“So, is this a boy bush or a girl bush?”

I turned from arranging potted trees, at our weekly Farmer’s Market setup in Dawson, to see a fellow holding up a young haskap berry bush. He was scrutinizing it intently, though what he hoped to see, I’m not quite sure. I launched into my usual spiel on compatibility, in which I tailor the amount of genetics to the amount of confusion visible on the listener’s face. It is a confusing topic; animals keep it pretty simple, but plant sex is quite varied. This is a primer on some of our favourite cultivated berries for the Yukon.

The basic premise of angiosperm (flowering plant) pollination involves a pollen grain and an ovule. One meets the other and presto! let there be fruit. Technically, the ovary that contains the ovule(s) becomes the fruit, and the ovules each become seeds. Anyways, the point is that pollen needs to move from the anthers (pointy feathery bits) within the flower, to the stigma (blunt-tipped pointy bit), through which they get to the ovary.

Sometimes both types of pointy bits grow in one flower (“perfect flowers”); flowers with only pollen or ovule bits are called “imperfect flowers.” In some species, entire plants have only pollen- or ovule-producing flowers (dioecious)—this is where the boy-plant and girl-plant confusion comes from.

The berry crops we are talking about are monoecious, so have both types of pointy bits on the same plant, but some crops will only set fruit if the pollen is sufficiently unrelated to the ovule. Even if they are self-fertile, meaning they can set fruit with their own pollen, crop yields and fruit quality are often higher with cross-pollination from other plants. Clear as mud?

Haskap berries, the hardy bilberry-esque bushes that have become popular in the last 10 years, benefit from hanging out with distant relations; the closest cousins won’t pollinate each other effectively. Matching up the right combinations means knowing the genetic history of each variety, as well as when they bloom. Luckily for us, our short growing season means that almost all overlap, at least a bit.

Most of the varieties available today were bred at the University of Saskatchewan (U of S), relatively recently. Although they were initially released in “pollinator/producer” pairs, this is a misnomer. All the bushes produce fruit, and many of the cultivars released at different times are compatible. Only one, Indigo Gem, is reliably known to be self-fertile.

Keeping track of all of this can be awfully confusing, so we recommend diversity! (And writing down which varieties you plant, for future reference.) If you have space for five bushes, try four or five different types. This gives a longer window for picking, as the berries ripen at different times; and for pollination, which reduces the risk of hitting bad weather and low numbers of pollinators, like bees flying. For a chart on the mutual compatibility of all the haskaps, check out the U of S website—or call us.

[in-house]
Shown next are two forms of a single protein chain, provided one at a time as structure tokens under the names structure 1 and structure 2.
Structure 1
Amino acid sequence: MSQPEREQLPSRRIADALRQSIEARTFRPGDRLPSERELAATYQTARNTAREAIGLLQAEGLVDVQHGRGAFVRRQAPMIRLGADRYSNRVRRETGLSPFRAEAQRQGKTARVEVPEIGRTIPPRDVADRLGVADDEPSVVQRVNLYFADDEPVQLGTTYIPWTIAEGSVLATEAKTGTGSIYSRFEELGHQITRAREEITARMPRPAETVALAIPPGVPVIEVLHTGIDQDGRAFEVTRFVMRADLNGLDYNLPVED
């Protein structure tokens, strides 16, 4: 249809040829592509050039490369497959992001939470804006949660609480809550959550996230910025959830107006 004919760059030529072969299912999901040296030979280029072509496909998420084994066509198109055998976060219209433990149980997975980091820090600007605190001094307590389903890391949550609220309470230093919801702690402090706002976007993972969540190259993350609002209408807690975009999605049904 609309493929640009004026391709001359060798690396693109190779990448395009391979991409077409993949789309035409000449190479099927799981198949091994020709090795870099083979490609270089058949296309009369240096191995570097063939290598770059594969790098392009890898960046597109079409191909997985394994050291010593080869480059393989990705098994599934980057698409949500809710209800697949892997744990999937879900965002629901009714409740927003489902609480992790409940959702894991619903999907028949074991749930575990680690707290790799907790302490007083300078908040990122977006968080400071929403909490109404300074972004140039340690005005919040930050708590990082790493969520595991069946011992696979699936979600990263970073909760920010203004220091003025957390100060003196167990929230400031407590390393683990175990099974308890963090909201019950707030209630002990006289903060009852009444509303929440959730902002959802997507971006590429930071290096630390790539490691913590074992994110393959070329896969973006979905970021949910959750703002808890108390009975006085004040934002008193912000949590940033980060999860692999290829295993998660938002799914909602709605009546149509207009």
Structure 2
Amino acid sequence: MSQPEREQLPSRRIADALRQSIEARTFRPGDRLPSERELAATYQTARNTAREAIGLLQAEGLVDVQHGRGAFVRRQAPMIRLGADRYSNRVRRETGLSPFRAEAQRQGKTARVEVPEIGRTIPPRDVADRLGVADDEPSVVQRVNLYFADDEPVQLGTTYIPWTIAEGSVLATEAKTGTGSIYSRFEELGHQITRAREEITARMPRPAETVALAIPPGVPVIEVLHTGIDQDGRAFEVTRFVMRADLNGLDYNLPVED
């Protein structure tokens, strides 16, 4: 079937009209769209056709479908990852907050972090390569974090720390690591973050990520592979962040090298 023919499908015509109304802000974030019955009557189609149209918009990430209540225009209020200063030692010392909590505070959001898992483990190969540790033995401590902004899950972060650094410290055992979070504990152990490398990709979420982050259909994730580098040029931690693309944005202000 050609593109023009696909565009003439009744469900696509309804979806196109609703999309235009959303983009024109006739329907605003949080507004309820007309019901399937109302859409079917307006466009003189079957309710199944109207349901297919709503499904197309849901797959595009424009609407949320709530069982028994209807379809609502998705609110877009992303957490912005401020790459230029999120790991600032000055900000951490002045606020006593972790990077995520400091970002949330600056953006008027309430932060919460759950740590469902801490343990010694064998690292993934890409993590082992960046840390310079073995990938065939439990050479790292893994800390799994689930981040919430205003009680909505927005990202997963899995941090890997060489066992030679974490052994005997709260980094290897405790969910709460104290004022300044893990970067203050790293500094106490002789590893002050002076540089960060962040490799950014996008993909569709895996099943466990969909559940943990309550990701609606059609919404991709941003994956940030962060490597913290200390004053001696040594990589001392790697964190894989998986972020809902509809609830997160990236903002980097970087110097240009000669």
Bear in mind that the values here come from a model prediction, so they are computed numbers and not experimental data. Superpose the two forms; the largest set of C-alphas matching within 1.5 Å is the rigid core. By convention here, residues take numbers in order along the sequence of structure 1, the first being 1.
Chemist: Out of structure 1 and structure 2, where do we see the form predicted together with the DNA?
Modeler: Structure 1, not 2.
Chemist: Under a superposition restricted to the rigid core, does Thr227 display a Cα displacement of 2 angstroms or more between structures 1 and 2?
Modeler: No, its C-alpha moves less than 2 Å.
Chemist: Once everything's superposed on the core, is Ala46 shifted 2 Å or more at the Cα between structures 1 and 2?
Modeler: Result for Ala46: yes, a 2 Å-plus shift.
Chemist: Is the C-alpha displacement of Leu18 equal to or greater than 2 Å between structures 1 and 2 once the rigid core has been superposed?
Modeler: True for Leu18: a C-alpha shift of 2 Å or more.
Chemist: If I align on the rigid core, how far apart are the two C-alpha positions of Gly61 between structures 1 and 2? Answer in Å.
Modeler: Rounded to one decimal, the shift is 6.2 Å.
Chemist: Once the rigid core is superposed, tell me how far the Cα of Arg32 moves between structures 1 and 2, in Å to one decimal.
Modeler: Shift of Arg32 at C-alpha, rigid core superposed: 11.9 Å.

This brings up another point—how does the pollen get moved around? The berries we grow (eg: haskap, saskatoon, blackcurrant, raspberry) rely on insect pollination to move pollen from plant to plant, bloom to bloom; or, in the case of self-fertile sour cherries and saskatoons, even from anthers to stigma within the same flower. We are constantly amazed at the tenacity of our wild bumblebees—they will fly in weather that would ground a seasoned bush pilot. Growing other plants that provide food for pollinating insects, like bees, can attract them to your yard.

Back at the market, this has all got me musing on the growing recognition of the non-duality of gender when it comes to our own species. I apply m/f gender to my trees all the time: She’s got lots of fruit; he’s got a lovely form. Perhaps that’s outdated. It’s definitely animal-centric. I think I’ll go sit under one of them and ask … maybe they will tell me what they like to be called.

Summary of berries

Haskaps—need at least two bushes of compatible varieties

Saskatoons—one bush will do

Blackcurrants—one bush is okay, but better with two; can be the same variety

Raspberries—self-fertile, but insect pollination required for good yields and well-formed fruit

Sour cherries—self-fertile, though two different varieties can increase yield